The Irish Film Institute (IFI) have recently launched the Irish Independence Film Collection. Due to the emergence of cine-camera technology in the 1890s, the first three decades of the twentieth century (including the Irish revolutionary period from 1912 to 1923) were the first to be widely documented on film. However, the dearth of indigenous Irish filmmaking during the early part of the last century, means that the moving image record of this pivotal period was predominantly captured by non-Irish agencies, who created newsreels of Irish events to play alongside home-grown stories in cinemas. In the early part of the twentieth century, before the advent of television, newsreels radio and newspapers, were the predominant way for the public to keep up to date with important events.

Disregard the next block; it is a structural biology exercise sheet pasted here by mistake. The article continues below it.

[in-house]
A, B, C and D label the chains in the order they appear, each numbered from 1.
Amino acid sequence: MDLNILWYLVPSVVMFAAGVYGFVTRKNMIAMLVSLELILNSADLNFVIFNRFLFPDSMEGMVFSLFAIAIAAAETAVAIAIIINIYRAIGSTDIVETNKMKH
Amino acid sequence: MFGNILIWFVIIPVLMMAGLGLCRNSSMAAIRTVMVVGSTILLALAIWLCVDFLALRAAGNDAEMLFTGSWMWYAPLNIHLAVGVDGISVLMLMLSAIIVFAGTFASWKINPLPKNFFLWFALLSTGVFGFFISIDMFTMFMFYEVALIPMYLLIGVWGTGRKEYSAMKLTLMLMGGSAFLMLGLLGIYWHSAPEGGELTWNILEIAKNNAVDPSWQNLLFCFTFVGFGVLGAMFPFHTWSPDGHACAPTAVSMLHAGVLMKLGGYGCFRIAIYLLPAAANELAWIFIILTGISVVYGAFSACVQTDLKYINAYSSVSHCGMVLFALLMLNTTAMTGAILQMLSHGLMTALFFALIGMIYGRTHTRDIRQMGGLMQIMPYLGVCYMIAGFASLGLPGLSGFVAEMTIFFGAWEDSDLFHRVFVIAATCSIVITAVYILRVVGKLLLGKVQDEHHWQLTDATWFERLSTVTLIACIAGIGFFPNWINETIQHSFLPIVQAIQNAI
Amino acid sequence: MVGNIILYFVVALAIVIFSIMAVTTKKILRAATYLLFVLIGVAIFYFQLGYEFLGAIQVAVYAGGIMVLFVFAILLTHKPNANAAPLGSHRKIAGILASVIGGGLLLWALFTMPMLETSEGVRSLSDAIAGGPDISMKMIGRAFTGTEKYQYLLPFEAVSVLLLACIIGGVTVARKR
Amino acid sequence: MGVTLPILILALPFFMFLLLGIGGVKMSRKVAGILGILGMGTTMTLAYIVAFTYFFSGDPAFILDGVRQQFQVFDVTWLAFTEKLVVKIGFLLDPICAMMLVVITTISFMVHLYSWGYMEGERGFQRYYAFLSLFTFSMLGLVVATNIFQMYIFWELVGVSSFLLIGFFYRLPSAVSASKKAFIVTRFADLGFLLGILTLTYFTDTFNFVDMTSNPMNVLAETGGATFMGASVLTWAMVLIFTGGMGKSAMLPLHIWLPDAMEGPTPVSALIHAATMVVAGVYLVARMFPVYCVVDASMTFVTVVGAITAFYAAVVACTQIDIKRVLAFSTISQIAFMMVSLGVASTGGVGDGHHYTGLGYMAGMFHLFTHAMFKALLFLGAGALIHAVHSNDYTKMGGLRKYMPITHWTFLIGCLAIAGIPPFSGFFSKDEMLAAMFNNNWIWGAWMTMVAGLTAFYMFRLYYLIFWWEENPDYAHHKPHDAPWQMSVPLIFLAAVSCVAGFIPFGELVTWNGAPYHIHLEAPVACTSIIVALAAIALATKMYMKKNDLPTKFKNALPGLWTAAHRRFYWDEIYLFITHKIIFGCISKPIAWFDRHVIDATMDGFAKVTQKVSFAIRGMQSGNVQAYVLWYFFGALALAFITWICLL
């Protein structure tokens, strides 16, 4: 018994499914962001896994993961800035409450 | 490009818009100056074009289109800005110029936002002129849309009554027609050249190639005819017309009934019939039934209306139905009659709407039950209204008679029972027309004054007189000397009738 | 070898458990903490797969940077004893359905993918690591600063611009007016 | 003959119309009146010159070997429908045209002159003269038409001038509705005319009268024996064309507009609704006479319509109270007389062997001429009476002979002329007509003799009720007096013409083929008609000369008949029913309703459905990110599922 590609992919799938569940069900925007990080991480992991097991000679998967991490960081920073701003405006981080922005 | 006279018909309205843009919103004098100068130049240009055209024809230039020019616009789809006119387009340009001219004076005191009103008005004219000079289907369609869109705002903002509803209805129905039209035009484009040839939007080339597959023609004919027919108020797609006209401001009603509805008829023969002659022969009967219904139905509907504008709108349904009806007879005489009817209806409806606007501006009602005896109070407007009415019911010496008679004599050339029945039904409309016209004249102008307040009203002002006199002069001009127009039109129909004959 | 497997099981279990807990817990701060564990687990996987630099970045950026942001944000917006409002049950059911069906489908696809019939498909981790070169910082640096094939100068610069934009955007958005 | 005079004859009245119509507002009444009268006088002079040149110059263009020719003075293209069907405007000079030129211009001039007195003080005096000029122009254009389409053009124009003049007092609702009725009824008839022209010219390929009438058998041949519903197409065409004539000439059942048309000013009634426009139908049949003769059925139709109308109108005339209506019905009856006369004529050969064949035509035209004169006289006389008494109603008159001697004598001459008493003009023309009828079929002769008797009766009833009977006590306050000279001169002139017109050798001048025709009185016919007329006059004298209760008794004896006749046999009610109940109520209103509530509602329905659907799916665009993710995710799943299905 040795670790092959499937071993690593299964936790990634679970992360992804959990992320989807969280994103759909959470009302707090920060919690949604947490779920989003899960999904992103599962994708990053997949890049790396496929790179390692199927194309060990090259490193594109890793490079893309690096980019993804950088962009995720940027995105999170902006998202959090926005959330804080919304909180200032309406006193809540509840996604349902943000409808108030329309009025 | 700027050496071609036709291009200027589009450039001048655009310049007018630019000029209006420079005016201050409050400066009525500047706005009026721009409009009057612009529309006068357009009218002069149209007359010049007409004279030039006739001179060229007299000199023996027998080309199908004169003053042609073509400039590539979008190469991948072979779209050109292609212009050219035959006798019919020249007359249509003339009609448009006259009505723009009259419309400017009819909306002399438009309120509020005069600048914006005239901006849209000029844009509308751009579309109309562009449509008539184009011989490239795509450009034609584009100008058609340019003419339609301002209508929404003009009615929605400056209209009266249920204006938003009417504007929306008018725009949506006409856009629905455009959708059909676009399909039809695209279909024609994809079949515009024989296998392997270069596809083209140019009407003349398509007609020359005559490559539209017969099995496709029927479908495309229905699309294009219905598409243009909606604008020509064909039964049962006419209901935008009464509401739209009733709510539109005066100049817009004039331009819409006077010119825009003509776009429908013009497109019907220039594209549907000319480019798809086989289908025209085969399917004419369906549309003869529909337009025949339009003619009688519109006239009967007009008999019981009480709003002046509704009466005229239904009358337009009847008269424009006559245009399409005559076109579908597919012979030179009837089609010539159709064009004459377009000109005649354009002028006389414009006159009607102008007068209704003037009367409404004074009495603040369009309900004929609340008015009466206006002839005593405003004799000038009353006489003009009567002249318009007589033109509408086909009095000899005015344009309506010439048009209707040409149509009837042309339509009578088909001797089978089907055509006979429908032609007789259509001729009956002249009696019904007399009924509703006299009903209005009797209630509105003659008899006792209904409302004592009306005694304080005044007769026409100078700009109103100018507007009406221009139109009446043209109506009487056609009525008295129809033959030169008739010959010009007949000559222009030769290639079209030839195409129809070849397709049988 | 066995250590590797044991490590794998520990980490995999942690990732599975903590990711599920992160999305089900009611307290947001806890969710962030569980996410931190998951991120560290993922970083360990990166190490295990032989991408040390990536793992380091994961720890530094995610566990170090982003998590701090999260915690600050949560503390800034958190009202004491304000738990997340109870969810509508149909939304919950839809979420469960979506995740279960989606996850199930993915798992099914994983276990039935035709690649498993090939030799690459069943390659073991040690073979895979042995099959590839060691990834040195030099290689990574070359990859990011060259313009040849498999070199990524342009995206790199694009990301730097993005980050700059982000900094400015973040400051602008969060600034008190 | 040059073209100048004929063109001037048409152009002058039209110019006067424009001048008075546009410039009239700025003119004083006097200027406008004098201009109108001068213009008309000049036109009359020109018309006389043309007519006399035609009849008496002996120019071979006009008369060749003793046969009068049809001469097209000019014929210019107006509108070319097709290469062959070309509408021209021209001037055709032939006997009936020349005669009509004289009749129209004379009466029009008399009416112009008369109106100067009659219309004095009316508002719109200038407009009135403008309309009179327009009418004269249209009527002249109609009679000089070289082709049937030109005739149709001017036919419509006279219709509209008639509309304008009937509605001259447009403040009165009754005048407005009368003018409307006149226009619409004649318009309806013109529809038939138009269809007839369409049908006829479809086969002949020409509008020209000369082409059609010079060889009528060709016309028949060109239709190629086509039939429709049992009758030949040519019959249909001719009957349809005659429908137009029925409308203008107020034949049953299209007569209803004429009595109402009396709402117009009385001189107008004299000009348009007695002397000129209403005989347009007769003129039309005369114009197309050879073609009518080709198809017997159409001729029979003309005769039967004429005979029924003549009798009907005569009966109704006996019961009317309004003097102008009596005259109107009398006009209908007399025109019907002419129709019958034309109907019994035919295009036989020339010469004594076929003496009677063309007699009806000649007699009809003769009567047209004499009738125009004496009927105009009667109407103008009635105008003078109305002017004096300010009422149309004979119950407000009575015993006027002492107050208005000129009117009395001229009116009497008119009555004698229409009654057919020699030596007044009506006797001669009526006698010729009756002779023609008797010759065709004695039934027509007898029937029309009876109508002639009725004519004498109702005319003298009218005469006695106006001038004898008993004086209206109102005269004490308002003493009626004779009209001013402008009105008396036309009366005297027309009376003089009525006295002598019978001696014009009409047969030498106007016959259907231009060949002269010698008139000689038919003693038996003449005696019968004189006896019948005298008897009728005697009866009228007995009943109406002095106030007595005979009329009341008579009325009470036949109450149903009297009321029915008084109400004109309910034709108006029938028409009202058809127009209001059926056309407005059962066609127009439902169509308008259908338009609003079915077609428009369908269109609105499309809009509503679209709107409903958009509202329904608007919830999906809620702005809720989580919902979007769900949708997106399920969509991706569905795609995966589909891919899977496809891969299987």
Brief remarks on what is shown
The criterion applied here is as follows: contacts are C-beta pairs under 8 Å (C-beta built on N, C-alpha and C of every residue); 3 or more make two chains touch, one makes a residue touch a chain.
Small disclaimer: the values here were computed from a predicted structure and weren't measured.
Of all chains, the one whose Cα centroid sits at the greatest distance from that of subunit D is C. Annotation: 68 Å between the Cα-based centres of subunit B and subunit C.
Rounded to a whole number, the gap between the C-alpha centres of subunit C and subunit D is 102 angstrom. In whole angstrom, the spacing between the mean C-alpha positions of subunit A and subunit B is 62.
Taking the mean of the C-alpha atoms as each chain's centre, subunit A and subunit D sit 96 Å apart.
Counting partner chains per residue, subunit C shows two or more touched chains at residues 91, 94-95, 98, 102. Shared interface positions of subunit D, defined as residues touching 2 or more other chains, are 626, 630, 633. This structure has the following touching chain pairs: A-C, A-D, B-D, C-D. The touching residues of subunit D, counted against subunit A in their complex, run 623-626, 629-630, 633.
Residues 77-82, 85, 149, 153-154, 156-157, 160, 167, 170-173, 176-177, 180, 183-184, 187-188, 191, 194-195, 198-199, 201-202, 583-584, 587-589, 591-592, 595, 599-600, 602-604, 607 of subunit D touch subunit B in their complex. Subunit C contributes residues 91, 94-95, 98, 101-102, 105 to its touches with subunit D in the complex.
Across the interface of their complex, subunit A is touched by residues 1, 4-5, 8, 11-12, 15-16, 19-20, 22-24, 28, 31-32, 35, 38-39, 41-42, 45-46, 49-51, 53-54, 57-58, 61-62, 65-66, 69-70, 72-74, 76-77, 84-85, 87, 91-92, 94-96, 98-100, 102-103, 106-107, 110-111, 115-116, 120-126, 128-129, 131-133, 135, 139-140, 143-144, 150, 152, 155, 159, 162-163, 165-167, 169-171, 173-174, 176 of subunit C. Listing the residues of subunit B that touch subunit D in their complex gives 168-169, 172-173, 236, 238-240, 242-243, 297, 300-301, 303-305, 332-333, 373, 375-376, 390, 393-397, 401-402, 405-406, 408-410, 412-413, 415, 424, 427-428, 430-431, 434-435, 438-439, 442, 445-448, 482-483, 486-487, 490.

Until recently these Irish newsreel stories, filmed by British agencies, had not been held in an Irish archive and many had not been available to the public since their initial distribution 100 years ago. The Decade of Centenaries presented the IFI Irish Film Archive with a unique opportunity to create the Irish Independence Film Collection, comprising Topical Budget and British Pathé newsreels, with support from the Department of Culture, Heritage and the Gaeltacht. As part of this project the IFI was able to repatriate, safeguard and share these important visual documents centralising them in Ireland for the first time and making them available to the Irish public. The IFI worked closely with the British Film Institute and British Pathé, and the original nitrate film prints have been digitised and restored to a remarkably high quality, and the online exhibit has been curated and contextualised with the assistance of staff from the National Museum of Ireland and University College Cork. The IFI has created a project that not only celebrates a momentous period in Irish history but that also has lasting value for the Irish people; all of the material on the collection is free to view.